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That Flu You Caught? It Came from East and Southeast Asia

Scientists figure out the yearly travel plans for seasonal flu, which could lead to better vaccines
flu migration map



COURTESY OF NASA/UNIVERSITY OF CAMBRIDGE

An international team of scientists has determined the itinerary of the seasonal flu, paving the way for better monitoring and more effective vaccines.

The researchers report in Science that they sussed out the bug's travel plans by studying 13,000 samples of the virus collected from every continent (except Antarctica) over the past five years. Among their findings: seasonal flu originates in eastern and Southeast Asia. The result broadens previous hypotheses that such viruses emerged in China or exclusively in tropical regions.

"For over 60 years the global travel patterns of the influenza virus have been a mystery," study co-author Colin Russell, an epidemiologist specializing in pathogen evolution at the University of Cambridge in England said during a teleconference today. Russell said that he and his colleagues found that each year since 2002 new strains of influenza A (H3N2), the most infectious variety of seasonal flu, originated in "the east and Southeast Asian circulation network," which spans from Malaysia and western Indonesia to Korea and Japan. The virus showed up in Europe and North America six to nine months later—and then continued on to South America.

The finding will allow researchers to refine their search for new influenza strains and manufacture a yearly vaccine designed to give recipients resistance to the right ones. "Flu evolves quickly and in complex ways," so this will help the World Health Organization (WHO) track and aim at the right strains with annual vaccines, says co-author Derek Smith, a Cambridge epidemiologist and member of the WHO committee tasked with planning WHO's annual flu shot regimen.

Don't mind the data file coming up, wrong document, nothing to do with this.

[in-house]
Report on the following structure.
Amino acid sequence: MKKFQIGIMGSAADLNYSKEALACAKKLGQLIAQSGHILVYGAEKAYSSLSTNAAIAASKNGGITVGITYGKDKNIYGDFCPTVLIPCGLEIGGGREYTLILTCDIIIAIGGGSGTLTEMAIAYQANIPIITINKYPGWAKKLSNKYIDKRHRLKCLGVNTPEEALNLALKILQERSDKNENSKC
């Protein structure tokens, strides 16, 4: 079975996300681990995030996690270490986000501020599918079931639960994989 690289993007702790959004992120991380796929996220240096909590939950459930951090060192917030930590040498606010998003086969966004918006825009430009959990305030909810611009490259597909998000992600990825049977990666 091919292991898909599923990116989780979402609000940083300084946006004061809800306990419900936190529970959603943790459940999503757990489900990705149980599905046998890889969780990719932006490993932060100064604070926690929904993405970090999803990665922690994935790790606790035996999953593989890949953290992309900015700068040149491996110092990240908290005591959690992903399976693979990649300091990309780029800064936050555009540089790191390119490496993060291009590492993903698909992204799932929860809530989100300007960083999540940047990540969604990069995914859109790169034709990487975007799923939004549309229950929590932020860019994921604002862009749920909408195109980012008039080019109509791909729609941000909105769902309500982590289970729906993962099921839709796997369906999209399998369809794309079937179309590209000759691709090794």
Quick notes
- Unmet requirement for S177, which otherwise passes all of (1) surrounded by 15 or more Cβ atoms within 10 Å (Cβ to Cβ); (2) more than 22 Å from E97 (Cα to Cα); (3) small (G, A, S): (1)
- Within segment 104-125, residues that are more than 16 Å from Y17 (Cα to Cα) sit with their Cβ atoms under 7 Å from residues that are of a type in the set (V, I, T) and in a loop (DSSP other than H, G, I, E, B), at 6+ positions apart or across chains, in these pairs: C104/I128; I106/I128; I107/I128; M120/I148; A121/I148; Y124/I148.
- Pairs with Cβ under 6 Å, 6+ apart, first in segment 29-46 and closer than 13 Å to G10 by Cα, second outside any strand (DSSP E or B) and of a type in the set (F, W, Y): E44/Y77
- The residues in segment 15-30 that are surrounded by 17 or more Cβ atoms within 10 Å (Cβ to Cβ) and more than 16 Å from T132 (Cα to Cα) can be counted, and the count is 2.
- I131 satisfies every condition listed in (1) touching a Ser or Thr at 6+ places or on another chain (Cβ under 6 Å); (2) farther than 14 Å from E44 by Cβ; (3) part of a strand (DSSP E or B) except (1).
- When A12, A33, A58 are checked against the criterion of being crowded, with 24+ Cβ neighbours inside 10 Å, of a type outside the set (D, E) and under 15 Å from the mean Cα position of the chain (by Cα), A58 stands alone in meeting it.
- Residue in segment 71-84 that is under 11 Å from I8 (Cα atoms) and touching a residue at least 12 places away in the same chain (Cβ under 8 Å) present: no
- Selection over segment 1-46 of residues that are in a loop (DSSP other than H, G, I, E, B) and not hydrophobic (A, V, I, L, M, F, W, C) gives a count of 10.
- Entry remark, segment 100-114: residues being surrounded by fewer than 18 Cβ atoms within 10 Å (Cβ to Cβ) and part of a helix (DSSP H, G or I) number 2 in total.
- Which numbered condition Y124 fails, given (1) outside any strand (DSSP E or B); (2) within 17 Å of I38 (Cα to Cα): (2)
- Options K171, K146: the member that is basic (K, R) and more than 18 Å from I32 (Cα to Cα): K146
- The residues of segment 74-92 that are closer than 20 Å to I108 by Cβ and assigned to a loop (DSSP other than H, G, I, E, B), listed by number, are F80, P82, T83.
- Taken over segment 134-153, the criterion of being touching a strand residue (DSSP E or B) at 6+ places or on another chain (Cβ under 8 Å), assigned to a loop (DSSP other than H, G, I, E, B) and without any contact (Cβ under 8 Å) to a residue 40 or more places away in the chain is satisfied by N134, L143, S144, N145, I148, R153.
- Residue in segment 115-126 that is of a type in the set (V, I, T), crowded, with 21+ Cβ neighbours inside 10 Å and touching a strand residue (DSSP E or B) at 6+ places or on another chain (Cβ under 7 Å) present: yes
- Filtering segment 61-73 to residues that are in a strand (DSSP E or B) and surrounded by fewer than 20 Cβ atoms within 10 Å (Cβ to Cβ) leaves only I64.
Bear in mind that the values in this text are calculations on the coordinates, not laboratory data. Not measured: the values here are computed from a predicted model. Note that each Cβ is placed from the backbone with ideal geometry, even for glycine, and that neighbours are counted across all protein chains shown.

Smith says the team traced the source of influenza by homing in on hemagglutinin, a protein on the surface of the virus that triggers an immune response in our bodies. (Flu shots, which are actually a weakened form of the virus used to prime the immune system, are essentially based on this protein.)  If a flu virus evolves—and it's hemagglutinin changes—it can elude the vaccine because this protein is altered, allowing the bug to slip into the body undetected by immune system sentries.

The researchers speculate that the broad range of climates in eastern Asia allows epidemics to arise in crowded areas at different times of the year. The flu typically strikes in temperate climes (like those in China) in winter months and in tropical areas, such as those in Vietnam, during their rainy seasons. "There is a lot of variability like this in east and Southeast Asia, so [there is] lots of opportunity for an epidemic in one country to seed an epidemic in another nearby country and then flow out of the region," Smith says.

According to WHO statistics, 300 million people are vaccinated against the flu each year, receiving an immunization with a cocktail of weakened strains of influenza A (varieties H3N2 and H1N1), along with the influenza B virus to protect against a full infection. Smith says the vaccination provides good protection to the population as a whole, although flu epidemics still cause three million to five million people to become seriously ill and claims 250,000 to 500,000 lives annually. .If they bottle the wrong strain, however, and the virus evolves, it can leave those who have been vaccinated as vulnerable as an unimmunized population.

"Because these flu viruses change so quickly, we have to update the vaccine fairly regularly," Smith says. "The more we know about how flu viruses change and how they spread around the world, the more that this process can be changed and improved."

Eddie Holmes, a biologist at Pennsylvania State University, agrees. In a study appearing in tomorrow's Nature, he reports how the genome of the influenza virus evolves. "We hypothesize that there must be a source population, that it might be in the tropics," he says, "and that's where you should concentrate monitoring and surveillance."

He notes, however, that researchers should also keep an eye out for proteins other than hemagglutinin and the genes that carry the recipes for them. "A couple of other genes are also evolving rapidly and we know nothing about them," he says, adding that they may affect the behavior of hemagglutinin. "You cannot say that the virus is hemagglutinin; that is just one protein."

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